In honor of the Women's Marches that happened across the country, I am sharing a letter I sent to the White House on December 12, 2016 in response to the election results. The question I pose at the end of the letter is one that the country implicitly demanded an answer to on January 21st during the largest single-day protest in U.S. history. It is a question that society has yet to answer, though many of us continue to ask it.
Dear President Obama,
January 20th may be a bittersweet day for you. You are leaving the White House after 8 long years of unrelenting dedication to this great country. It will also be a bittersweet day for me, as it is my 25th birthday, and seeing Hillary Rodham Clinton become the first female president was a birthday wish that I wanted to see come true.
I write because the feeling that has been fomenting within me, like in so many, is one of dismay — dismay at what seems like a broken promise to the country. I believed in an unspoken promise of a reality in which much of the country was ready to accept a woman president and her ideals. The idea of HRC's victory seemed to be a rosy reality so close within our grasp. This rosy reality eclipsed into an unexpected red gradient across all the pollster maps on November 8th. The defeat seemed to especially sting for any hardworking woman with aspirations beyond the often narrowly ascribed expectations set forth by our society for my gender.
I think women and men were all looking for a new narrative that day, not just within the context of our country's political tradition, but within our own personal stories:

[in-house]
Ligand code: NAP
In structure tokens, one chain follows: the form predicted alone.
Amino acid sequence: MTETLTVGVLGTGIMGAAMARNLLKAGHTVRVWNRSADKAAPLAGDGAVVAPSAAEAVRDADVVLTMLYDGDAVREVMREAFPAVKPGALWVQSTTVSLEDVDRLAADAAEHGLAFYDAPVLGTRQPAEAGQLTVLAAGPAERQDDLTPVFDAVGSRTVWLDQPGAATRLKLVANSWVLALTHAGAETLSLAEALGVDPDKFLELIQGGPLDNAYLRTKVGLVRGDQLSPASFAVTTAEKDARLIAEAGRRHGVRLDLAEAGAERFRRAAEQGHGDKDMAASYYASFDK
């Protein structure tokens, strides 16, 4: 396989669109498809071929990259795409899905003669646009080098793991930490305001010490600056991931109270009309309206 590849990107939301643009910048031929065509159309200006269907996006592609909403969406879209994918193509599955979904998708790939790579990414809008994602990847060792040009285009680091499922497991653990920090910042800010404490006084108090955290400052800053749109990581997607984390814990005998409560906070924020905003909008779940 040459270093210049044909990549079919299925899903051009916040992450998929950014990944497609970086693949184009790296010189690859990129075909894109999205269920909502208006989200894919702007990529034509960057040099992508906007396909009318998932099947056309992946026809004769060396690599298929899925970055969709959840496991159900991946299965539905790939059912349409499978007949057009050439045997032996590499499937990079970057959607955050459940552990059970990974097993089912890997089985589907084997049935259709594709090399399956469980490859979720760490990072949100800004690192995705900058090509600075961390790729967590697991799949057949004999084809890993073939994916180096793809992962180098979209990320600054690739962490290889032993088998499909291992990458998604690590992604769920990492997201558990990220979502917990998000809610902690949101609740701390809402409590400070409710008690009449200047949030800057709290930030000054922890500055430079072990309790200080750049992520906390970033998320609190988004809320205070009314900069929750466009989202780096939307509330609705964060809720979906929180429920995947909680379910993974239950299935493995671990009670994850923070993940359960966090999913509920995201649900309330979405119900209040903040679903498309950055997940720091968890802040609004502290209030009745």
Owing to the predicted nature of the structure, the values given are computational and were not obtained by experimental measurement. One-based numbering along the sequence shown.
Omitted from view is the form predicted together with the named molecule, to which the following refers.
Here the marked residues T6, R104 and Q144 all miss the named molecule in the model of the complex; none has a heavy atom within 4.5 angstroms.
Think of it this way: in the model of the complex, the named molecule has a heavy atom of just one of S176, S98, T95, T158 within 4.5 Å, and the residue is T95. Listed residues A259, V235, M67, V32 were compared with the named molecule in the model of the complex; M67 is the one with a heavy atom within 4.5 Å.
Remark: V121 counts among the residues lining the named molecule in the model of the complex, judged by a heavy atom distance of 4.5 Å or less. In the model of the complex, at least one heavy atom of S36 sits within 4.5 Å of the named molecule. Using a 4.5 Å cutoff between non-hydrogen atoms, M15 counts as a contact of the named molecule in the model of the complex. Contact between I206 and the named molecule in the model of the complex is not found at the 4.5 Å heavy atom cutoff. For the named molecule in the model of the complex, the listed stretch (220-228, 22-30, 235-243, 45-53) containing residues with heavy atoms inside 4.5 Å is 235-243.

I woke up the day after the election thinking about my 13-year old cousin in Boston who aspires to be a Supreme Court justice. I thought of young girls like her who saw in HRC the promise that hard work after many years continues to be rewarded, that it does not plateau, that it persists through the slings and arrows of any political campaign or tweetstorm.
This sort of public defeat leaves a subtle imprint on our collective psyche about the potential of a woman.
I hate to think what it has already done to young girls' expectations of themselves. I am reminded of the Victor Hugo quote from Les Miserables: "Be it true or false, what is said about men often has as much influence upon their lives, and especially upon their destinies, as what they do."
So, what has been told to role models in our lives that happen to be women? I thought of my grandmother who held a record in her native city for never getting below a 100% on her math exams and who graduated from college with a microbiology degree at 16 years of age. Only a year later, she would get married and start a family, leaving her professional career to the wayside. While she still upheld one of the noblest professions of them all, that of being a loving mother, she followed the expectation set by society. I am not saying that either motherhood or careerism is superior to the other. I only wanted to see a victory that proved that a woman could truly "have it all."
I wanted to wake to a symbolic new day where such aspirations would not be abortive. I know Hillary is not the Grecian Atlas of feminism, and to even suggest that statement is too enormous a weight to put on any one person. That is who she is after all, a person. All the same, I think the nation did do that to some extent. I am also guilty of it.
As the husband to one of the strongest women in the public eye, as a father, and as a person who strives to reduce divisiveness in this country, you probably have an interesting perspective on how we can move forward after these election results. Mr. President, what advice do you have to young women across the country who were eager to see that too-high glittering glass ceiling reduced to powdery shards?